by Arya Solhi
Rkyv is a data format and (de)serialization framework for Rust that “implements total zero-copy deserialization, which guarantees that no data is copied during deserialization and no work is done to deserialize data. It achieves this by structuring its encoded representation so that it is the same as the in-memory representation of the source type.” (Source: rkyv.org)
Zebra and zcashd currently provide JSON-RPC methods that accept/return JSON-encoded Zcash consensus-serialized data for historical and compatibility reasons. Where there isn’t a Zcash consensus serialization, RPCs serialize data in internal zcashd formats before it is JSON-encoded. JSON is widely-supported, flexible, and human-readable, but lacks type-checking and is relatively slow to encode/decode.
The datacake RPC methods route to the same RpcImpl and GetBlockTemplateRpcImpl methods provided by Zebra’s JSON-RPC server, except they use the rkyv data format for quicker transformations to and from Zebra’s internal in-memory representation of the source type. Clients calling RPC methods from a Rust environment can import the request/response types paired with message handlers from zebra-rpc and let the Rust compiler check correct usage.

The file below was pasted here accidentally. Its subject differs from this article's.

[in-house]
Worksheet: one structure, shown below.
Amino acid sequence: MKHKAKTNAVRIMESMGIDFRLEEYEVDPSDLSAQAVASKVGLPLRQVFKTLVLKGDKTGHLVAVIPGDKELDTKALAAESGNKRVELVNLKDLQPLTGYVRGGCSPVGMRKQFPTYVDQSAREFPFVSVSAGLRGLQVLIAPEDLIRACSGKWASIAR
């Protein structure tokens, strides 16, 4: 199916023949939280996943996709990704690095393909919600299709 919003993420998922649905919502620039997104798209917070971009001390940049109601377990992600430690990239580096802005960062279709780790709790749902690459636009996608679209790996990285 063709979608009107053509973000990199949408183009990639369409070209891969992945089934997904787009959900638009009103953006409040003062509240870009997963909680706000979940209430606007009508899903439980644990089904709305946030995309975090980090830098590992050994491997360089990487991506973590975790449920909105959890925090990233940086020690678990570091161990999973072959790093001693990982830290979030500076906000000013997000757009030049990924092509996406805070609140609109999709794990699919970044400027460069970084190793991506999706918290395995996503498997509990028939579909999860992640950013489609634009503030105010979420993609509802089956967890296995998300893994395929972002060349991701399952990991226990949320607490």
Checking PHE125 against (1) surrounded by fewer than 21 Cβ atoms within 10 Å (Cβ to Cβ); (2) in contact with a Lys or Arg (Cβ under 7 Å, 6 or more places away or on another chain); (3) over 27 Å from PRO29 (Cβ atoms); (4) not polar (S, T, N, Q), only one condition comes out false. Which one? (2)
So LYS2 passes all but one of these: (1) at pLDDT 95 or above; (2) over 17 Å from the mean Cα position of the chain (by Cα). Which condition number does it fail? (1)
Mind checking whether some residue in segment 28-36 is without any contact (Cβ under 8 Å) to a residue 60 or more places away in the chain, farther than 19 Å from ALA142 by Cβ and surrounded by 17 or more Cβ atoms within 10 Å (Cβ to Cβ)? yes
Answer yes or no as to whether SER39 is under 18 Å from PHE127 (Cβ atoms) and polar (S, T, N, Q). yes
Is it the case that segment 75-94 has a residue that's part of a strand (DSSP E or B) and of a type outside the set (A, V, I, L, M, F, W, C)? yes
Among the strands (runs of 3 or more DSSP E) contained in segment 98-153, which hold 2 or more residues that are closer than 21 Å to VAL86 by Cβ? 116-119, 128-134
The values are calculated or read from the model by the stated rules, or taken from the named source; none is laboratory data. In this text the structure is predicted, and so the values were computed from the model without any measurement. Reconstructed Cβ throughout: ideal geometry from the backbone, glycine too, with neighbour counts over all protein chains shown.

Rkyv performs very well in benchmarks, (de)serializing over 100x faster than serde_json, and appears to be the most usable, versatile crate for zero-copy deserialization. Validating data with bytecheck can make a big difference, this could be optional if Zebra supports rkyv in the future.
Clients calling RPC methods from a Rust environment can reap the performance benefits from a data format that matches Zebra’s internal in-memory representation of source types. Clients in other languages can also use Zebra’s Rust libraries to deserialize rkyv RPCs.
There are also other excellent frameworks for serializing data (e.g. protobufs, flatbuffers) with better support for other programming languages. Ideally Zebra could expose its RPC methods via multiple encodings and protocols in the future by decoding/encoding request data according to ‘Content-Type’/‘Accept’ headers so clients can call methods from whatever environment they’re already using or which best meet their needs. A GraphQL server that exchanges JSON data may also be nice for making it easier to get started developing with Zebra.